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An independent Canadian government agency forecasts residential real estate investment will make up a smaller share of Canada’s real GDP in the coming years, dragging economic growth down with it.

The Parliamentary Budget Office (PBO) forecasts housing investment will sink to 6.5 per cent of the country’s GDP by 2020, down from the projected 7.7 per cent in 2016, the highest level going back as far as 1981 at least.

“The projected weakness in our outlook for residential investment largely reflects rising borrowing rates and a deceleration in house prices,” PBO states in its recent Household Formation and the Housing Stock report.

In October, the PBO projected (on an inflation-adjusted basis) that home prices would surge 9 per cent this year but that annual gains would grind down to just 0.3 per cent in 2019.

The agency suggests real estate investment will become a headwind for GDP growth by 2018.

It projects residential investment will lead to GDP growth equalling 0.3 percentage points this year, before falling to 0.1 percentage points in 2017.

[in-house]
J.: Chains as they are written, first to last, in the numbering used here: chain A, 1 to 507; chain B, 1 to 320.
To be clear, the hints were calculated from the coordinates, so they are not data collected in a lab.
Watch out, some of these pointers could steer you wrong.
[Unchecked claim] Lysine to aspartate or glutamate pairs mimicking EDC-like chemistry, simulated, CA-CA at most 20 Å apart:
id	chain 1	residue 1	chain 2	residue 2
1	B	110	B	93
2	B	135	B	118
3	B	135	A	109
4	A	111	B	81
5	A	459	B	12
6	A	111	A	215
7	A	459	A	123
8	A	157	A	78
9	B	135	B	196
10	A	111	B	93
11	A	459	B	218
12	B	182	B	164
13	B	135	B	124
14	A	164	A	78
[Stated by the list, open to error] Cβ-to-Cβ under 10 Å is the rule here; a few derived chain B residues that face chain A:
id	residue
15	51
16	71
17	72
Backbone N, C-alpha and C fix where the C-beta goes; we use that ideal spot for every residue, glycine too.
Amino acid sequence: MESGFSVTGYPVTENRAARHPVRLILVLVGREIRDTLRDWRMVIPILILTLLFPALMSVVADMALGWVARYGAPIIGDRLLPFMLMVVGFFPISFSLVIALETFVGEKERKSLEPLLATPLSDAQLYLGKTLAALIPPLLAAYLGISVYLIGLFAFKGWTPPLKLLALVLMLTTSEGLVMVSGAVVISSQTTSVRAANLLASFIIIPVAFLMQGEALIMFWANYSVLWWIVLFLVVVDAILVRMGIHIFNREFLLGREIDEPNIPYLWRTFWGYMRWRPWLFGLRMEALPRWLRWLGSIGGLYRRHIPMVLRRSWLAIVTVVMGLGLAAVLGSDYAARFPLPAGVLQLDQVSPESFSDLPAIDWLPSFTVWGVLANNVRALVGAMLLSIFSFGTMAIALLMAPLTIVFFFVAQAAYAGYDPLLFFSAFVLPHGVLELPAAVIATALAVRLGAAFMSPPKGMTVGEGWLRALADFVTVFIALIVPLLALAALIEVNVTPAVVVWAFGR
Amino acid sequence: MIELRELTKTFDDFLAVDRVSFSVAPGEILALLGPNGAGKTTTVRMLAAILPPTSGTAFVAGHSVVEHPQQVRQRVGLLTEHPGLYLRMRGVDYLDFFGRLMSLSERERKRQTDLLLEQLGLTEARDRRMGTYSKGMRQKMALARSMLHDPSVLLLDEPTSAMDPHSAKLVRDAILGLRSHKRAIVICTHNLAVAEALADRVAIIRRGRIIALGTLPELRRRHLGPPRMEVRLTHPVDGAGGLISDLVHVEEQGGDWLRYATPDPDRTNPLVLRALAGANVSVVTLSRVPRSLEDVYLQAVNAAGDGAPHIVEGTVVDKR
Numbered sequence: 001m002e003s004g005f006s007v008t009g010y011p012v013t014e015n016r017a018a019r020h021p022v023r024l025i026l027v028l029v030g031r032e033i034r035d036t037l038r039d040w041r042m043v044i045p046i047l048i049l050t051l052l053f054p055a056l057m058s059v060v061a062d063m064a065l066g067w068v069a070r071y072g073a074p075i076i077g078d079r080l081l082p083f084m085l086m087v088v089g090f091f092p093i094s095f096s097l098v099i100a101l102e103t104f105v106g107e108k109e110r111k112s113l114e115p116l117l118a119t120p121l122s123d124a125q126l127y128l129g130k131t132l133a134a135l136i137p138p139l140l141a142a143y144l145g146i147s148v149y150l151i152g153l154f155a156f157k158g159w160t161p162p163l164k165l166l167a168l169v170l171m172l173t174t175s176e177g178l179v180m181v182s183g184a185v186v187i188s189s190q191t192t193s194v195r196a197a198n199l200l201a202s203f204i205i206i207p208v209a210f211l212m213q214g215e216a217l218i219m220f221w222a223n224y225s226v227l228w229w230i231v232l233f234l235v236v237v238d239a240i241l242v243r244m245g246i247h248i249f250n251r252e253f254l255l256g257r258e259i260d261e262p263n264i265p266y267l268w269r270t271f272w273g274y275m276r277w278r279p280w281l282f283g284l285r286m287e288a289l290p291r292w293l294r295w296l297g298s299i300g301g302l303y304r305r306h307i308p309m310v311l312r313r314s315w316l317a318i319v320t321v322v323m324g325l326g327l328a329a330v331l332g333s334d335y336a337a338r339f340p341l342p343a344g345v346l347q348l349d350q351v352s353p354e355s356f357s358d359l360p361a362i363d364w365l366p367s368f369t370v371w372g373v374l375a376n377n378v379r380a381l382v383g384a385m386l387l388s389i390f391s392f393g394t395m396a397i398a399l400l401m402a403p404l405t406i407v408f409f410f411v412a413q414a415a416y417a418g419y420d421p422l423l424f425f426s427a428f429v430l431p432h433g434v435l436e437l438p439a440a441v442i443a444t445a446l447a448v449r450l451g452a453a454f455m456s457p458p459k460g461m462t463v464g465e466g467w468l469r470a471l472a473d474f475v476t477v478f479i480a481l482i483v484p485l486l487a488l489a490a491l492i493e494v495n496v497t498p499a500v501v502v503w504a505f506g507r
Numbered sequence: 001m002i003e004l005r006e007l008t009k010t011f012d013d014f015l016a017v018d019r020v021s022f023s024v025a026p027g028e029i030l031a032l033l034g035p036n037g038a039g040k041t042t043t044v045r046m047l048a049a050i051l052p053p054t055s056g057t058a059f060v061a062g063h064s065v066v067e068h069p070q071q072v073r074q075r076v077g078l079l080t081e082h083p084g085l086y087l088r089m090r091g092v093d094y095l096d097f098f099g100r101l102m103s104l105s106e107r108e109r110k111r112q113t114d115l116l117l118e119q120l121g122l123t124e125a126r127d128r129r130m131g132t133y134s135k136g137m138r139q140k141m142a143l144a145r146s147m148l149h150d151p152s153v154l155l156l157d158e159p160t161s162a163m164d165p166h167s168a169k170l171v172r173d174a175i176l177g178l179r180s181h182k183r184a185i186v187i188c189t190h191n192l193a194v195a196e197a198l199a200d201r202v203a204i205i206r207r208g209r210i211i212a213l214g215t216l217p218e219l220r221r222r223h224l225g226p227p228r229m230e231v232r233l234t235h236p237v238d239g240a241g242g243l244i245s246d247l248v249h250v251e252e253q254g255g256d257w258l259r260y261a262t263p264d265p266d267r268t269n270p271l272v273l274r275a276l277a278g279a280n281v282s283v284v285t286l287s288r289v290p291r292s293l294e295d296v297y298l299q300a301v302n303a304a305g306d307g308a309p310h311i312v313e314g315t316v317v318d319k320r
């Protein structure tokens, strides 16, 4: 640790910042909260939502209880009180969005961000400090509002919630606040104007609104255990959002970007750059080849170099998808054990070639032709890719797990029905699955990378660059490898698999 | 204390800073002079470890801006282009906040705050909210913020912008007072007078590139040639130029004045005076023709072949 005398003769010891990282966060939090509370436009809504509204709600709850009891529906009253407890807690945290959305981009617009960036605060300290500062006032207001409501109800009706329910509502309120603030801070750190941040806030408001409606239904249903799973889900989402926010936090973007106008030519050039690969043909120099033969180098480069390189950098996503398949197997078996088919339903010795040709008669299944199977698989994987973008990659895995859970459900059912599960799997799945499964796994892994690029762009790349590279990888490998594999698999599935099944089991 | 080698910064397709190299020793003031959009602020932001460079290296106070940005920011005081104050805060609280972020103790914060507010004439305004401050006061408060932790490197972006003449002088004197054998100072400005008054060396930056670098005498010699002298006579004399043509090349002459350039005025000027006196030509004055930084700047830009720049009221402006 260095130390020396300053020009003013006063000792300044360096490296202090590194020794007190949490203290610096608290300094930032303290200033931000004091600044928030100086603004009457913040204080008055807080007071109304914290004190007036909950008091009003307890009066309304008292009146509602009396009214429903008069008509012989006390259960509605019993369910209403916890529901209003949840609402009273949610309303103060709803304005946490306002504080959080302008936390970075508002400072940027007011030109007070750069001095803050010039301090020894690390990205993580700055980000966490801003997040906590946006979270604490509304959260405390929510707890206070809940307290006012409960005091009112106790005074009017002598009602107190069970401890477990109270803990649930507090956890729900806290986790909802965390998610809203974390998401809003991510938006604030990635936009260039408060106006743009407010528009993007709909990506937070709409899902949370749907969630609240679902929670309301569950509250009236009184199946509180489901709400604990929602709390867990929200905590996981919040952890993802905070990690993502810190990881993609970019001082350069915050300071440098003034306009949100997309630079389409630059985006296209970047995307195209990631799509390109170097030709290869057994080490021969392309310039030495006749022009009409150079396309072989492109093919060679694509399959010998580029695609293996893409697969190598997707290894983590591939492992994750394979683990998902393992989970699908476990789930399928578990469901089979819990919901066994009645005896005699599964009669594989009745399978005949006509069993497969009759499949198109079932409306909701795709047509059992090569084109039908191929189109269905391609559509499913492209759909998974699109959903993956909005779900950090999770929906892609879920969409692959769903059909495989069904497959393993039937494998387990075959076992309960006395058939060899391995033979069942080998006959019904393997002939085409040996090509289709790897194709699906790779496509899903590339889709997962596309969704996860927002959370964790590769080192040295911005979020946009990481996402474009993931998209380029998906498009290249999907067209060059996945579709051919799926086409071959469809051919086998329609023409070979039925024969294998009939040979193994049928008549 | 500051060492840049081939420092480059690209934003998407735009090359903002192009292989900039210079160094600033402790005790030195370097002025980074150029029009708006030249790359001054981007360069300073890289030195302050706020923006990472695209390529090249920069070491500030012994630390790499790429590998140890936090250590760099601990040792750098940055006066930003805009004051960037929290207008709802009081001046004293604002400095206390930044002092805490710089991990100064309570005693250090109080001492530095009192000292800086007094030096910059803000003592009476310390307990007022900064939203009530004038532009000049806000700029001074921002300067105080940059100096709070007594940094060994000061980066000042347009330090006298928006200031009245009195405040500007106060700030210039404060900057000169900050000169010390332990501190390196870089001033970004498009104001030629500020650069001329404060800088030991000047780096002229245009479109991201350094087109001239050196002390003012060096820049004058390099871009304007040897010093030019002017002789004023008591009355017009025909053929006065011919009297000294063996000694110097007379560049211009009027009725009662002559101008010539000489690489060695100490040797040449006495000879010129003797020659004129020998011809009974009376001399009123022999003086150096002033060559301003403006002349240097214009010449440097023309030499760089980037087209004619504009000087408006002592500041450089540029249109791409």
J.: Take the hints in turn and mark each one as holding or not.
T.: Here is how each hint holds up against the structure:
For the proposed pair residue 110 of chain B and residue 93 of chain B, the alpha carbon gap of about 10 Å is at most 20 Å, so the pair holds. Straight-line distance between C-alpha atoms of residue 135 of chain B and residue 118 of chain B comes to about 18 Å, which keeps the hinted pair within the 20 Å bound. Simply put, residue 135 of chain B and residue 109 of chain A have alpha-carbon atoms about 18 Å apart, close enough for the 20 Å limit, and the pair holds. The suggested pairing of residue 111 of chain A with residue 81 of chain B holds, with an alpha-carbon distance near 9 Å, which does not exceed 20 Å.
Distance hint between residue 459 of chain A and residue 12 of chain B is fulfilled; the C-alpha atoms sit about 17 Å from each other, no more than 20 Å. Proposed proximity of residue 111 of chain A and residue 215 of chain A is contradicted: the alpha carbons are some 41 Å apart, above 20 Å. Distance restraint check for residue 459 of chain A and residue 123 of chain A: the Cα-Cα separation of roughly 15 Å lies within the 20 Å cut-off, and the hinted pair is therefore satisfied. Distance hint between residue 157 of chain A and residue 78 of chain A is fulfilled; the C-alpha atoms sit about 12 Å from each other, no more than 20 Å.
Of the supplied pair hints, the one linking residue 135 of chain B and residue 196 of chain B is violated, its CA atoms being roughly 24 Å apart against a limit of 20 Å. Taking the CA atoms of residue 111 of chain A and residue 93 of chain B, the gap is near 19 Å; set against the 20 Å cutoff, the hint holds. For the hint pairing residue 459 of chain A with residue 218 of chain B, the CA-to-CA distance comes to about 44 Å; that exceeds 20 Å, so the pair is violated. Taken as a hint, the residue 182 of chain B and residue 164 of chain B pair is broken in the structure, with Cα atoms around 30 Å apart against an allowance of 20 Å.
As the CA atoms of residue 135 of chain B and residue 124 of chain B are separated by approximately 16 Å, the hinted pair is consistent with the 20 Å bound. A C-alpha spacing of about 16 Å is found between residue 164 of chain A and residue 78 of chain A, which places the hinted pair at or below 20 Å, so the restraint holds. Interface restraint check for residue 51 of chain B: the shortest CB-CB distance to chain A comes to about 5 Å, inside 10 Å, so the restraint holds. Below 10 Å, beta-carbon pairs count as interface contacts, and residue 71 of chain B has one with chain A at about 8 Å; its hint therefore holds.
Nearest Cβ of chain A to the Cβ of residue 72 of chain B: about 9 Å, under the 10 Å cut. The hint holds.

In 2018, the PBO predicts the investment segment will nick GDP growth by 0.2 percentage points and in 2019 and 2020 dent it by 0.4 and 0.1 percentage points, respectively.

It will recover, though, making a 0.2-percentage-point growth contribution to the GDP by 2021, according to the PBO forecast.

The PBO notes its forecast didn’t take into account measures Ottawa announced in October. Then, Canadian Finance Minister Bill Morneau revealed the Canadian government would be introducing tougher stress testing during the mortgage application process, among other changes.

“Although we have not undertaken an in-depth analysis of these new measures, our current judgement is that while they may alter the timing of our projected adjustment in residential investment over the near term, they are unlikely to meaningfully alter our medium-term outlook,” the PBO says.

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